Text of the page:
I went to two conferences in the last couple of weeks, one on mental illness stigma and one on the economics of happiness. I keep busy. In the early seventies, I was conferring somewhere most months, usually de facto trying to figure out how to get more money from the feds for local community development of one sort or other, although usually we couldn’t just say that.
I was grateful for the change of pace and scenery, especially since I didn’t have to drive, and I appreciate getting to see all those people with the same intent, more or less, and actually talking to a few. It’s encouraging just to know there are other people trying to do the same thing. Mental illness stigma can be as harmful as mental illness, and self-stigma keeps people with a mental illness from getting help. “Anything but that.”
I wore my lime-green ribbon to the economics of happiness conference the next week, and only one person asked me about it. Apparently, the rest of them didn’t care what my lime-green ribbon was for, and I don’t blame them one bit.
The economics conference was a lot homier than the one about stigma the week before. The mental illness stigma conference was at the Hyatt in downtown San Francisco. The economics of happiness conference was in a church on the outskirts of downtown Portland. Different vibe altogether.
Some of the talks and workshops discussed: From GDP to Happiness and Well-Being, Community as Currency, Corporate Personhood and Trade Treaties, Community Rights in Action, Toward a Caring Economy, The Eloquence of Stones, Envisioning Local Learning, The Genuine Progress Indicator, and The Space Between Stories—some charts, no spreadsheets.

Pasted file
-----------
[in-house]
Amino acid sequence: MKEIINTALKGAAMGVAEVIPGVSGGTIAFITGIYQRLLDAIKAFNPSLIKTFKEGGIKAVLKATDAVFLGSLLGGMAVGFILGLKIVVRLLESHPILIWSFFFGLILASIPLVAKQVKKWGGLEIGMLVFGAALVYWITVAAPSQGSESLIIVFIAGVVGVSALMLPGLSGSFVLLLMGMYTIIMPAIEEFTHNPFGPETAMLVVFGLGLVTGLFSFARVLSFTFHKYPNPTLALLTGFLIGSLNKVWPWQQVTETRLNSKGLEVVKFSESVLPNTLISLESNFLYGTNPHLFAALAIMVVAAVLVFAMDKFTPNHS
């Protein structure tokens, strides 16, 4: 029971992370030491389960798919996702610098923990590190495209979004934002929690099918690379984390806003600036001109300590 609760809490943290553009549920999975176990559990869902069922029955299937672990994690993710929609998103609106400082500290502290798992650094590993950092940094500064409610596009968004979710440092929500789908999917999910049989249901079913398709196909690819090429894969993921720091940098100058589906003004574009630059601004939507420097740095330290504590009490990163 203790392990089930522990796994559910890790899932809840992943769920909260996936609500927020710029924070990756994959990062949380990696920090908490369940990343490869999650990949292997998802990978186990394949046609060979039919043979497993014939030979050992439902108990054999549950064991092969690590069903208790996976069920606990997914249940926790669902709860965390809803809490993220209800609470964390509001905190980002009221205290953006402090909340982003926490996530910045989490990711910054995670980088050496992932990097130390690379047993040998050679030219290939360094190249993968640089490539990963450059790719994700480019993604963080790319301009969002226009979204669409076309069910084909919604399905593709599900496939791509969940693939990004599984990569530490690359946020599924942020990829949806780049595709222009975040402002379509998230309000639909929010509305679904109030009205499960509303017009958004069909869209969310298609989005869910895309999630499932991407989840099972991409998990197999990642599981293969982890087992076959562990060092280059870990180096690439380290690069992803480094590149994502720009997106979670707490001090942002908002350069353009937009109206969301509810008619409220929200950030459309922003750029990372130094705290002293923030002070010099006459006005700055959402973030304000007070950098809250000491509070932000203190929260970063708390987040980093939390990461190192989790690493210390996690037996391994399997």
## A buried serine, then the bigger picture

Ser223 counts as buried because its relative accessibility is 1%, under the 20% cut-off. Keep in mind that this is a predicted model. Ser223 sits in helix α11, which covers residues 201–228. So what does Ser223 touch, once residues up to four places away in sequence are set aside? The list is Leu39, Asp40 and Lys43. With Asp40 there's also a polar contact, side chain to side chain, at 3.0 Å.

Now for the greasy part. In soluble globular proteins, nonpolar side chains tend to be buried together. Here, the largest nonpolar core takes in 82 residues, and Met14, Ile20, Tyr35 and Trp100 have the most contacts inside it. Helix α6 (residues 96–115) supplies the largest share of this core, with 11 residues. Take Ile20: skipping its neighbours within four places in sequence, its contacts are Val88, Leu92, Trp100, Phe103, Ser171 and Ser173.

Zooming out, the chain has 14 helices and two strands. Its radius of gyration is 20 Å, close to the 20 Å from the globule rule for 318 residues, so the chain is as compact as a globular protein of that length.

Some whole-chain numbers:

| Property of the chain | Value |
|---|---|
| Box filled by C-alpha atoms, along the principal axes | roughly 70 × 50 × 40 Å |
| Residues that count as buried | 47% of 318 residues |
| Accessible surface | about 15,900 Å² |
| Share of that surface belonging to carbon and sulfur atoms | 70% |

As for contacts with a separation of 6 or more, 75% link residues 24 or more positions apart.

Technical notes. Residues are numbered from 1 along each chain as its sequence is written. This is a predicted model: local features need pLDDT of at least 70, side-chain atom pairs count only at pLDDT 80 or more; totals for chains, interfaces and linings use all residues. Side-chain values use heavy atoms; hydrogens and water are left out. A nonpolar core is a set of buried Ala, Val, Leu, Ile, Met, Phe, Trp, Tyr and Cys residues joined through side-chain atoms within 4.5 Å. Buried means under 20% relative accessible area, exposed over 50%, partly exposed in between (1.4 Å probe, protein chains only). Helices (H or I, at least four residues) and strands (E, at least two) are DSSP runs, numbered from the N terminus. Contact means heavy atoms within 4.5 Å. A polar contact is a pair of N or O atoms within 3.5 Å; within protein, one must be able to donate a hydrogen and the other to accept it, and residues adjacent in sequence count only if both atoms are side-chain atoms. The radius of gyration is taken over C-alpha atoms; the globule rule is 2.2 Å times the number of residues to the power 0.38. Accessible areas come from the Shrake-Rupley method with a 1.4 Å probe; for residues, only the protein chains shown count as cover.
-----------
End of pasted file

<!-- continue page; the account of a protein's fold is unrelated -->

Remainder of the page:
The lead-off man was a stand-up economist, a professor of economics who is a stand-up comedian. I laughed, so I’ll say Noram Bauman is a funny guy, though no doubt many would disagree.
I most liked a workshop about community rights, where local laws take primacy over other laws, specifically including those of the State and federal government that grant the status of persons to corporations, so that communities can control their environments, instead of a legal fiction with no emotional stake in the neighborhood, a little like Wayne Cook.
From an article by Thomas Linzey: “[New community laws] not only prohibit fracking, drilling, corporate water extraction, sludging, or factory farms, they also establish local bills of rights which recognize the rights of residents to clean air, clean water, a sustainable energy future, sustainable energy us, and sustainable agriculture. . . . These communities have come to recognize that environmental and economic sustainability cannot be attained without fundamental changes regarding who the structure of law recognizes as the legal authority to make the rules within those communities. Attaining that structural change means openly defying the laws that got us here in the first place.” Amen to that.
Locally there are ways to give people back the power we’ve ceded gradually and by big jumps to our sorry-assed elected officials and the corporations we allow to exist right in our front yard.